Artist: PJ Harvey
Album: ‘Let England Shake’
Released: February 11
I’m not trying to be contrary by not putting this in my top 20. ‘Let England Shake’ is a brilliant, accomplished album – probably much more so than several of the albums in my list – but I never find myself wanting to listen to it. It doesn’t do anything for me in the way that albums I love usually do (though the song above is the exception).
Artist: A Winged Victory For The Sullen
Album: ‘A Winged Victory For The Sullen’
Label: Kranky/Erased Tapes
Released: September 12
I just came to this too late to put it in my list. The first time I heard it was on the Eurostar to Paris at the end of October, when it made me fall asleep and have such horrendous nightmares that I’m about 95% sure I was trying to scream in my sleep on a train full of families making half-term trips to Euro Disney. In spite of that, I listened to it a lot afterwards – particularly when going to bed in our noisy house – and really adore it.
Label: Sub Pop
Released: April 11
Spotify // Buy
I love Low, so I must have been having a serious mental blip to have forgotten this when making the list. See also: Mogwai’s ‘Hardcore Will Never Die, But You Will’.
Artist: Julianna Barwick
Album: ‘The Magic Place’
Label: Asthmatic Kitty
Released: February 23
Again, I came to this too late, because I am an idiot.
Released: May 9
Just at the point where I should probably write some profound essay about how much my album of the year means to me, I’m just going to re-run the review I wrote of it for NME in May. Much of what I wrote in it now seems very prescient. It’s probably the best album review I’ve written all year, though if I could edit it, I would like to get in more about how the record actually sounds. In lieu of rewriting it for my own silly satisfaction, I suggest you read Rory Gibb’s excellent dissection of ‘Smother”s tones and timbres in his review for The Quietus. In the meantime, here’s mine:
In 1993, journalist Auberon Waugh established the Bad Sex In Fiction Award while editor of London’s distinguished Literary Review. It was intended to draw attention to what he called the “crude, tasteless and often perfunctory use of redundant passages of sexual description in contemporary novels, and to discourage it”. Last year’s winner, Rowan Somerville (key line: “like a lepidopterist mounting a tough-skinned insect with too blunt a pin, he screwed himself into her” – ack), on receiving his award for his novel The Shape Of Her, declared: “There is nothing more English than bad sex.”
Wild Beasts might beg to differ. Since their first album, 2008’s ‘Limbo, Panto’, singers Hayden Thorpe and Tom Fleming have relished singing about shagging with a kind of ribald nobility, tempering potentially awful leeriness with artful, archaic language and a satirical tongue. The title of their debut single alone – ‘Brave Bulging Buoyant Clairvoyants’ – rings with hope and pride for those newly anointed knackers; ‘She Purred, While I Grrred’, on the same album, is more directly lascivious: “My fruit was ripe /She bit/Huffing and puffing on the mattress stuffing/Upon the bunk a fervent funk”. Is that the sound of collars loosening? ‘Limbo, Panto’’s follow-up, 2009’s ‘Two Dancers’, recognised what Somerville might have been referring to as classically English bad sex – the sheer indecorousness of it all, characterised in ‘Hooting And Howling’’s “a crude art, a bovver boot ballet”.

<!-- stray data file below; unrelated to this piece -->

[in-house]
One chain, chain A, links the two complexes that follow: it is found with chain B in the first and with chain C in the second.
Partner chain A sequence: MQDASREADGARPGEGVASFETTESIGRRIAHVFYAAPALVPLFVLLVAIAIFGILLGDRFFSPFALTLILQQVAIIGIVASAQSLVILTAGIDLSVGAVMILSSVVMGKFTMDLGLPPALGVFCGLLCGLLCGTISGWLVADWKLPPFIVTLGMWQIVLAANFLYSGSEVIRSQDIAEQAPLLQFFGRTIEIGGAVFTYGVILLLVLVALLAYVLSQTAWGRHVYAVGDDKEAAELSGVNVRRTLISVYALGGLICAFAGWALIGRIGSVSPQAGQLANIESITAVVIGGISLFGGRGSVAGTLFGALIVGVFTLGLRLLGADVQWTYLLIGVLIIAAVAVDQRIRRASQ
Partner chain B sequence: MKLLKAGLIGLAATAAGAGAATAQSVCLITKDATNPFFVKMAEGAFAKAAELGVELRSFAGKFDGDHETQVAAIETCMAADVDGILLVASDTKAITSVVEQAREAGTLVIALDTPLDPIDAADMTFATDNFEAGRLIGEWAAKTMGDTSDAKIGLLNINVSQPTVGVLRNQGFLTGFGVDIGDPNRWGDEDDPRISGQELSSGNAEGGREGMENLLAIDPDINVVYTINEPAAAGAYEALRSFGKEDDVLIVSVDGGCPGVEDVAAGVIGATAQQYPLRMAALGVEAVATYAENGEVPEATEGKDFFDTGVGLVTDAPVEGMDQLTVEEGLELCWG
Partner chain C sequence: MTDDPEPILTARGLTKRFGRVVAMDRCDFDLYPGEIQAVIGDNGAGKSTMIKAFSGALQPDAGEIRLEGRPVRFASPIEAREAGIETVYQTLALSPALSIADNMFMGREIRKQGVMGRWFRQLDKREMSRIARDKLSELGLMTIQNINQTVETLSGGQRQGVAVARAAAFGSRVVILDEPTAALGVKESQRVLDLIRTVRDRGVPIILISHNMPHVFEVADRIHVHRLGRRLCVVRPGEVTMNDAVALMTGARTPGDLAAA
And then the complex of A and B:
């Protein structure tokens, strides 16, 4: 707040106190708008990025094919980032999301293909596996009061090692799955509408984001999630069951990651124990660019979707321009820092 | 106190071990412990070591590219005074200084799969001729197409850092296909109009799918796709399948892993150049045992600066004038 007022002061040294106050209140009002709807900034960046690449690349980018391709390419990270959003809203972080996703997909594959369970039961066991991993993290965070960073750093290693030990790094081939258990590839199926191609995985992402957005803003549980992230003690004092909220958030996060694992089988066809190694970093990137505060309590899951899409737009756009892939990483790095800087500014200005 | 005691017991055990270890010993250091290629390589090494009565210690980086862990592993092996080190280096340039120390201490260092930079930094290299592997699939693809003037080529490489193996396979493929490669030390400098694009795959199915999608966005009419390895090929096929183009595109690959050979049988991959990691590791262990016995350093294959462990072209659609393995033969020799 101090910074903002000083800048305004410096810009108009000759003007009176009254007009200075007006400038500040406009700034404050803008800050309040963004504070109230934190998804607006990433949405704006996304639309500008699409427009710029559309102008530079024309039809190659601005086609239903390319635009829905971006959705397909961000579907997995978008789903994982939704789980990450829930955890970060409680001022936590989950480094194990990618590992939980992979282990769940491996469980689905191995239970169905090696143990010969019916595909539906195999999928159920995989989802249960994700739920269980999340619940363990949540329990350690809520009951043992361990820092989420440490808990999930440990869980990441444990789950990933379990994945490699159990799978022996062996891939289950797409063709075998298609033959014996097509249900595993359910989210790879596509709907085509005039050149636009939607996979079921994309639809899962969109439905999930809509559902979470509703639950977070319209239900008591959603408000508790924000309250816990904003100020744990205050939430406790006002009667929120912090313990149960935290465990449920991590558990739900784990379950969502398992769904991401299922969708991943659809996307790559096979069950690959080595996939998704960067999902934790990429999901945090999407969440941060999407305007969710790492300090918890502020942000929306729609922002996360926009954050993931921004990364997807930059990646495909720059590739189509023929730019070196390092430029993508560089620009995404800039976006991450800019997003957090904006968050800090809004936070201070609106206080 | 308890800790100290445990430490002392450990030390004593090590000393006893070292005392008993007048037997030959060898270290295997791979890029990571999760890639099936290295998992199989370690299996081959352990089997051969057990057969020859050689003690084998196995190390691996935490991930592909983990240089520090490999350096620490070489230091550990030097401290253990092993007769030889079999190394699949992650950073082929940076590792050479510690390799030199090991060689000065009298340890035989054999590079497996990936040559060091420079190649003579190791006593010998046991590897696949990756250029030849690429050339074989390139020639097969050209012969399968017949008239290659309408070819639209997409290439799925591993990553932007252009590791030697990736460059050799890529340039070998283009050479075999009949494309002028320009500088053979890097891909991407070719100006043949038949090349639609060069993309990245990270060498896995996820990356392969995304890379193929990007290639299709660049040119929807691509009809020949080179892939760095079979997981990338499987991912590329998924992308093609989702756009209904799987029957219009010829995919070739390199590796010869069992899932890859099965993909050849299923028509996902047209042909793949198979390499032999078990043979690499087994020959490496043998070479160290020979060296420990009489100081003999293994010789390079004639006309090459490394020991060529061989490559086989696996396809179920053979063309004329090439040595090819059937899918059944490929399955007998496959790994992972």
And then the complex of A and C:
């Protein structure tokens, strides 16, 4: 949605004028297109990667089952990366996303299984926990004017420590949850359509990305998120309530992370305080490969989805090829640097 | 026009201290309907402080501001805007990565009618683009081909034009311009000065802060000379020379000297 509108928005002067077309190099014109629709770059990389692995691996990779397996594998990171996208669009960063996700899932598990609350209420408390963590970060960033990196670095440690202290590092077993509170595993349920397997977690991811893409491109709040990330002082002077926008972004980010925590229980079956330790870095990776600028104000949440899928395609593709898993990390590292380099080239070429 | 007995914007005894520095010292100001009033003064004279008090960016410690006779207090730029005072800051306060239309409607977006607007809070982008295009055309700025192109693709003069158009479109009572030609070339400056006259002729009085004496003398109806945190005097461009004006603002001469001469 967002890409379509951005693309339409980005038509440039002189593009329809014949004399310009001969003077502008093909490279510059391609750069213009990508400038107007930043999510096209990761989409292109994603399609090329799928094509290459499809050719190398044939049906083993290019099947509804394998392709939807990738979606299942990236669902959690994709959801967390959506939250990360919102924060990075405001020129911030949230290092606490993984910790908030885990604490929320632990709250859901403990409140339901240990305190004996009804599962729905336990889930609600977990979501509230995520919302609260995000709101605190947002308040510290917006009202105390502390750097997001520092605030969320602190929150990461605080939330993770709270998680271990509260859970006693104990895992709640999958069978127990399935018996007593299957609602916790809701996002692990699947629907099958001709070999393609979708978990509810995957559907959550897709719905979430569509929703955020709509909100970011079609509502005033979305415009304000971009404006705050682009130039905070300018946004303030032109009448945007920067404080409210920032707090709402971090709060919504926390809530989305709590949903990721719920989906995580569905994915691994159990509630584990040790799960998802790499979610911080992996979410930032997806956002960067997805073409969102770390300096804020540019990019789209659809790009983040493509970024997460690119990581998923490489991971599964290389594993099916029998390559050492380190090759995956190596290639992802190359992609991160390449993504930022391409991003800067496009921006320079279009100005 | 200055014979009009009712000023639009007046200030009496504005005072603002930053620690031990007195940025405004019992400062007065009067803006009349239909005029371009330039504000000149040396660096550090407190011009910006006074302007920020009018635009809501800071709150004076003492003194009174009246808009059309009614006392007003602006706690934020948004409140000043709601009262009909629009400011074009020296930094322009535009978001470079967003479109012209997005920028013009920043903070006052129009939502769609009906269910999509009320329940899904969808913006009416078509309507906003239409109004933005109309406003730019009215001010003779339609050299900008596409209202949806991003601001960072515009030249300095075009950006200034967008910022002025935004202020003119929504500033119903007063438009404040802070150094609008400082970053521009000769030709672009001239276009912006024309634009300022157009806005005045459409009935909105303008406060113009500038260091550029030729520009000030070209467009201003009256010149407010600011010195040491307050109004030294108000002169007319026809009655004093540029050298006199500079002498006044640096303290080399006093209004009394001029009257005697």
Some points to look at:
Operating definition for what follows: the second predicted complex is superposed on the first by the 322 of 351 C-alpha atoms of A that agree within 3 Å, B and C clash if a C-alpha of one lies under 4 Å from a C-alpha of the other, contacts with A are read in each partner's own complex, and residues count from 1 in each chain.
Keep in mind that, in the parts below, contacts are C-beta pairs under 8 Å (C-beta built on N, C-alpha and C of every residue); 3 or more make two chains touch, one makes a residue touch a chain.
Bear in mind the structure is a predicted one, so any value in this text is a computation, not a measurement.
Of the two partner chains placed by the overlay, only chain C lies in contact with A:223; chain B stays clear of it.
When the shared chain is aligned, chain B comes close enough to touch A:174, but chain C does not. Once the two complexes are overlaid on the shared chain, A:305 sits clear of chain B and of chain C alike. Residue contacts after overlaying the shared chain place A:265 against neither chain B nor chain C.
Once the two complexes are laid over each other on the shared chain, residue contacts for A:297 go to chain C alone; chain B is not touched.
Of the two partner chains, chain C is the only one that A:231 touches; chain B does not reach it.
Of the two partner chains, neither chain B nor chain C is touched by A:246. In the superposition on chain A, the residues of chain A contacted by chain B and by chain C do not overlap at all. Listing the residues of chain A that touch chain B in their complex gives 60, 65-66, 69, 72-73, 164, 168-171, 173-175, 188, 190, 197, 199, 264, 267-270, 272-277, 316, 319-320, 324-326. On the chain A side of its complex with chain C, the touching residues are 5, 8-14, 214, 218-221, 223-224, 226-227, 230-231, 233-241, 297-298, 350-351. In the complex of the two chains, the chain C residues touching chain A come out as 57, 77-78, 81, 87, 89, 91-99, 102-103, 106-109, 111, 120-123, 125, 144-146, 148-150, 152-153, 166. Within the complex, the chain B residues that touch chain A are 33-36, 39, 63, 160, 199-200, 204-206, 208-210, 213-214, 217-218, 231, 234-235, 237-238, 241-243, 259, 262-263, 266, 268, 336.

Released: September 12
I feel a strange sort of disconnect from this record now and haven’t put it on in a while, but it still thoroughly deserves such a high placing. Annie Clark is well on her way to becoming one of the cult musicians of her generation; I’ll be thrilled to tell my grand-nieces and nephews that I saw her play. Here’s a feature I did on her for NME, more after the jump:
SERIAL KILLER RIFFS
St Vincent’s reinvention as an axe-wielding heroine has produced arguably the guitar album of 2011. And, as she tells Laura Snapes, she owes it all to her obsession with murder
“Shit, fuck it up!” Whereas your average strumming Jim might rally his band into song with a steady, “ah-one-two-three-four”, St Vincent – aka 28-year old Dallas native Annie Clark – has different ideas at the London’s Barbican venue, shouting this order at her surprised saxophone player.
That was back in July, when she covered ‘Big Black Mariah’ for a night in tribute to Tom Waits’ feted 1985 album ‘Rain Dogs’, a yarn of salty hounds and seedy coves that doesn’t require much help in the fucked-up department. One minute in, Clark was transformed – snarling, clawing at the body of her Harmony Bobkat guitar (the same brand Jack White plays); a world away from when we last saw her, touring 2009’s elegantly poised ‘Actor’. (more…)
Label: Dead Oceans
Released: June 13
A consummate album in a similar vein to Metronomy’s ‘The English Riviera’ (though rather more accomplished). I reviewed this album for NME, which you can read here, and interviewed Dan Bejar for The Guardian, which you can read below (more after the jump).
Destroyer and the return of soft rock
Along with Gayngs and Ariel Pink, Dan Bejar’s Destroyer seem to be bringing back the high-gloss, sax-laden radio rock sound of the 80s. But it’s not about irony
Dan Bejar, the creative linchpin of Destroyer, is surprised. “I’ve been making records for a long time,” he says. “So it’s strange to get swept up with some zeitgeist after doing this for over 15 years.” The reason for this surprise is the fact that his ninth album, Kaputt, has inadvertently become the final corner of an indie soft-rock triumvirate, in the wake of last year’s efforts from Gayngs and Ariel Pink’s Haunted Graffiti. There’s no community or geographic connection to bind the three, yet each bears the hallmarks of a sound that was, until recently, revisited only through irony-tinted lenses: brittle, 80s drum machines, languorous sax and a louche smoothness akin to sporting a silk thong under velvet pyjamas.
Released: October 10
If this record had been made by 19-year old boys from London/New York, they’d be hailed as the new Strokes or something. Anyone with a brain knows that Wild Flag are WAY better than The Strokes ever were. I wrote a short essay for NME’s Albums Of The Year issue about politically engaged music in 2011, in which Wild Flag and their ferocious debut featured. You can read it below (more after the jump).